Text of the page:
A series of events this weekend at Drexel highlight the mass killings in a dangerous Mexican border town.
Despite having two bodyguards for the last two years, Marisela Ortiz does not feel safe.
"I will never see having bodyguards as something normal," says Ortiz, who got the protection because of the decade-long fighting in Cuidad Juarez, an increasingly dangerous Mexican city. "But me and my family have been the target of death threats, insults, repression because there are people who don't want the truth to be uncovered."
Since 2001, Ortiz, 50, has been leading Nuestras Hijas de Regreso a Casa (Bring Our Daughters Back Home), an organization that helps the families of the many women who have disappeared or who have been killed in that city just across from El Paso, Texas.
About 800 women and students from working-class neighborhoods in Cuidad Juarez have been kidnapped, tortured, raped and killed since 1993. It’s part of an ongoing wave of violence resulting from drug wars, says Diana Washington Valdez, a reporter for El Paso Times who has been investigating the killings since 1999.
"Well, we see the results of the so-called investigations and that's coming up with scape goats, chivos expiatorios, misidentifying victims," she says. "Cases keep getting old and the statue of limitation is expiring, so cases that happened in 1993, ‘94, they have expired now. They're getting away with murder no matter who committed the crimes."
She also points to the widespread corruption that has allowed these killings to continue, despite local and international pressure to intervene.
But a series of events in Philadelphia this weekend will help keep the memory of these women alive.
Ni Una Más (Not One More), a Drexel University collaboration, seeks to raise awareness about gender violence and, in particular, crimes against women in Juarez, says Abbie Dean, a co-curator of one of the event’s exhibits.
The event will kick off with ARTMARCH, a mass demonstration/performance-art piece that will include more than 700 young women from Drexel University dressed in the iconic pink that can be seen on the victims’ memorial crosses in Juarez.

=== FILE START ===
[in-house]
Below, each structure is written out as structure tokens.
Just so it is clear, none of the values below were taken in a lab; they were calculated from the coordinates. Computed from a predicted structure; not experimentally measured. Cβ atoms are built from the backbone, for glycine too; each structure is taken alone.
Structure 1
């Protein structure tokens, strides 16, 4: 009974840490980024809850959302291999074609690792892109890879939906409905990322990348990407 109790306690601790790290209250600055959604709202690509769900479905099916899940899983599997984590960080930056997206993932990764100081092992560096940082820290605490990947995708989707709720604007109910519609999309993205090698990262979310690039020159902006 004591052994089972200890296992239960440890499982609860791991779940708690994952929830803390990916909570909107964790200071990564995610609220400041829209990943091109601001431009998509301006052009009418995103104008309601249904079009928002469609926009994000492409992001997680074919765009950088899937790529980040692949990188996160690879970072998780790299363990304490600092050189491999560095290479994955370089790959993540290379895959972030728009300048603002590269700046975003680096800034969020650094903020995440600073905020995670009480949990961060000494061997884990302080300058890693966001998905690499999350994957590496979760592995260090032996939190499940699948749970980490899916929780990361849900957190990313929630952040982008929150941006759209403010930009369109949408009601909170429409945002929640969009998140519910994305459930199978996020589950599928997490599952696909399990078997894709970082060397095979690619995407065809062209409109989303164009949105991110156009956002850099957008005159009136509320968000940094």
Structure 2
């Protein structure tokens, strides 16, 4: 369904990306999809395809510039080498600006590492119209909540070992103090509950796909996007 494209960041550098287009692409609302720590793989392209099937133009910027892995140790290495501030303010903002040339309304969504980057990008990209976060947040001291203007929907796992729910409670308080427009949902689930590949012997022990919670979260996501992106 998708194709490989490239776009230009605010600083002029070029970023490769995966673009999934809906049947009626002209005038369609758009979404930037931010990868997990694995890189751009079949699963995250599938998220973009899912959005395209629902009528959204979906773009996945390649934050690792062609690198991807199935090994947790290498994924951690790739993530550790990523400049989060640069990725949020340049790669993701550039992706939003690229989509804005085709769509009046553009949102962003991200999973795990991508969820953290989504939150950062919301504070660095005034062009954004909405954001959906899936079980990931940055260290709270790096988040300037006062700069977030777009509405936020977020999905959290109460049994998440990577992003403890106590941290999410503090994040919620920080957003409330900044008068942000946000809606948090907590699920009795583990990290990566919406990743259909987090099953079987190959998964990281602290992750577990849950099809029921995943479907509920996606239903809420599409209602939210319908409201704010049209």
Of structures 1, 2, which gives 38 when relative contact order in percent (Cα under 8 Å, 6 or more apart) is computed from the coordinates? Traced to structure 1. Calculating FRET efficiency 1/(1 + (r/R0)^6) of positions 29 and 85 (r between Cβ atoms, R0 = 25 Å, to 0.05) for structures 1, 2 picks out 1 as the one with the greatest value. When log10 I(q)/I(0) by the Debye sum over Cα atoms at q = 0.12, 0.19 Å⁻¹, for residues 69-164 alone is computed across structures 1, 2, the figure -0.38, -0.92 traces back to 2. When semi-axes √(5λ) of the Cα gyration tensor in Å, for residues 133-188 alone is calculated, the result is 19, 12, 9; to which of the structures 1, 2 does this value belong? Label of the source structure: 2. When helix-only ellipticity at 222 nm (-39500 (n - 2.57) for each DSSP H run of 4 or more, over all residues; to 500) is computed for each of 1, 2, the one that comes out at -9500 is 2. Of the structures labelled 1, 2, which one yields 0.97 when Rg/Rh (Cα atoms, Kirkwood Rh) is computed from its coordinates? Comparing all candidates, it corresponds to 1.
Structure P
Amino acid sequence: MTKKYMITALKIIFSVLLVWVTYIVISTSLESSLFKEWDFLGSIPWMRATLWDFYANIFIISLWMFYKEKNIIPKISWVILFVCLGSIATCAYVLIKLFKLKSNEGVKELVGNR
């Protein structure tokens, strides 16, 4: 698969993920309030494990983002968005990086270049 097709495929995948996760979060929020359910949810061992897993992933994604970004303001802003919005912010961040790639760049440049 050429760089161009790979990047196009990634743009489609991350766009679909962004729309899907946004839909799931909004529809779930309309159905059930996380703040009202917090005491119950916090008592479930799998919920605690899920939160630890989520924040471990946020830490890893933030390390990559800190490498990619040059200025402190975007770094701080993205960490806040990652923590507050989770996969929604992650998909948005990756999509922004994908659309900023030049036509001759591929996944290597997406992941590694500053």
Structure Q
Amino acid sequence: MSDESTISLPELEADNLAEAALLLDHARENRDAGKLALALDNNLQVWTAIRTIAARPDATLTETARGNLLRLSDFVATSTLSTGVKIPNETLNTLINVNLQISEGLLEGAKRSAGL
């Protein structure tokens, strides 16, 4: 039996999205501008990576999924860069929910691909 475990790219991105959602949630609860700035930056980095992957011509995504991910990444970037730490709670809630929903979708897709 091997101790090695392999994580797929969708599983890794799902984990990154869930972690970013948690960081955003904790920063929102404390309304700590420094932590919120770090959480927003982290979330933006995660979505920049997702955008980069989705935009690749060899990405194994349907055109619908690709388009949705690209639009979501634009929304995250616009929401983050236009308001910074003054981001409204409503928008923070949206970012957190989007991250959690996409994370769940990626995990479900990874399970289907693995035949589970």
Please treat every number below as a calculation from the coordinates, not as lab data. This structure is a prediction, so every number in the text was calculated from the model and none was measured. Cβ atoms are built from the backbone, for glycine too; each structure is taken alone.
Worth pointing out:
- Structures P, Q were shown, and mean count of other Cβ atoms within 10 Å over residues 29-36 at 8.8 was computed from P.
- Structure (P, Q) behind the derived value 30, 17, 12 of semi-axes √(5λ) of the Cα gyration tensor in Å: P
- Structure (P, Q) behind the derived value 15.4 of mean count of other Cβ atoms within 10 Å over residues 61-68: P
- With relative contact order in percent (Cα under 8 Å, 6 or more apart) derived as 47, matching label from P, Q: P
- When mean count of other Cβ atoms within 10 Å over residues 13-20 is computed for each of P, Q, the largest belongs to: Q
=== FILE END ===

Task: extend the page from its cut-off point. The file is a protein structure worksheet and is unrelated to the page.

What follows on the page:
The event is scheduled to start at 2 p.m. Saturday at the 33rd Street Armory. The group will march toward the university and end with a rally outside Leonard Pearlstein Gallery, 3401 Filbert St.
At the gallery, an exhibit will gather 70 works by 20 international artists. One of the highlights is the work of Frank Bender, a Philadelphian whose art has taken him from being featured in “America's Most Wanted” to a hotel a room in Ciudad Juárez, where he tried to reconstruct the faces of six women.
"I stayed there for a month and in that month my wife received a threatening email," Bender said. "We had to move out the hotel room in the middle of the night."
For him, that was the beginning of an ordeal that led him to believe that Mexican authorities had no will to solve these murders.
"How could these bodies lay there all these time and nobody found them until they're decomposed," he said. "How come the evidence locker in Juárez is open for anybody to take whatever they want? This is incompetence by design. They don't really want to solve these cases."
Washington Valdez's work on both sides of the border has resulted in The Killing Fields: Harvest of Women, a book that reveals high-level corruption, specifically the deal between the drug cartel and Mexican officials that allowed for such widespread violence.
"The murders committed by some of the suspects stopped [after the book came out]. Because there was too much scrutiny put on the whole situation," she said. "But the organized crime in general, because that network still exists, is still protecting the killers of women and children."
For more information, visit www.drexel.edu/juarez/.
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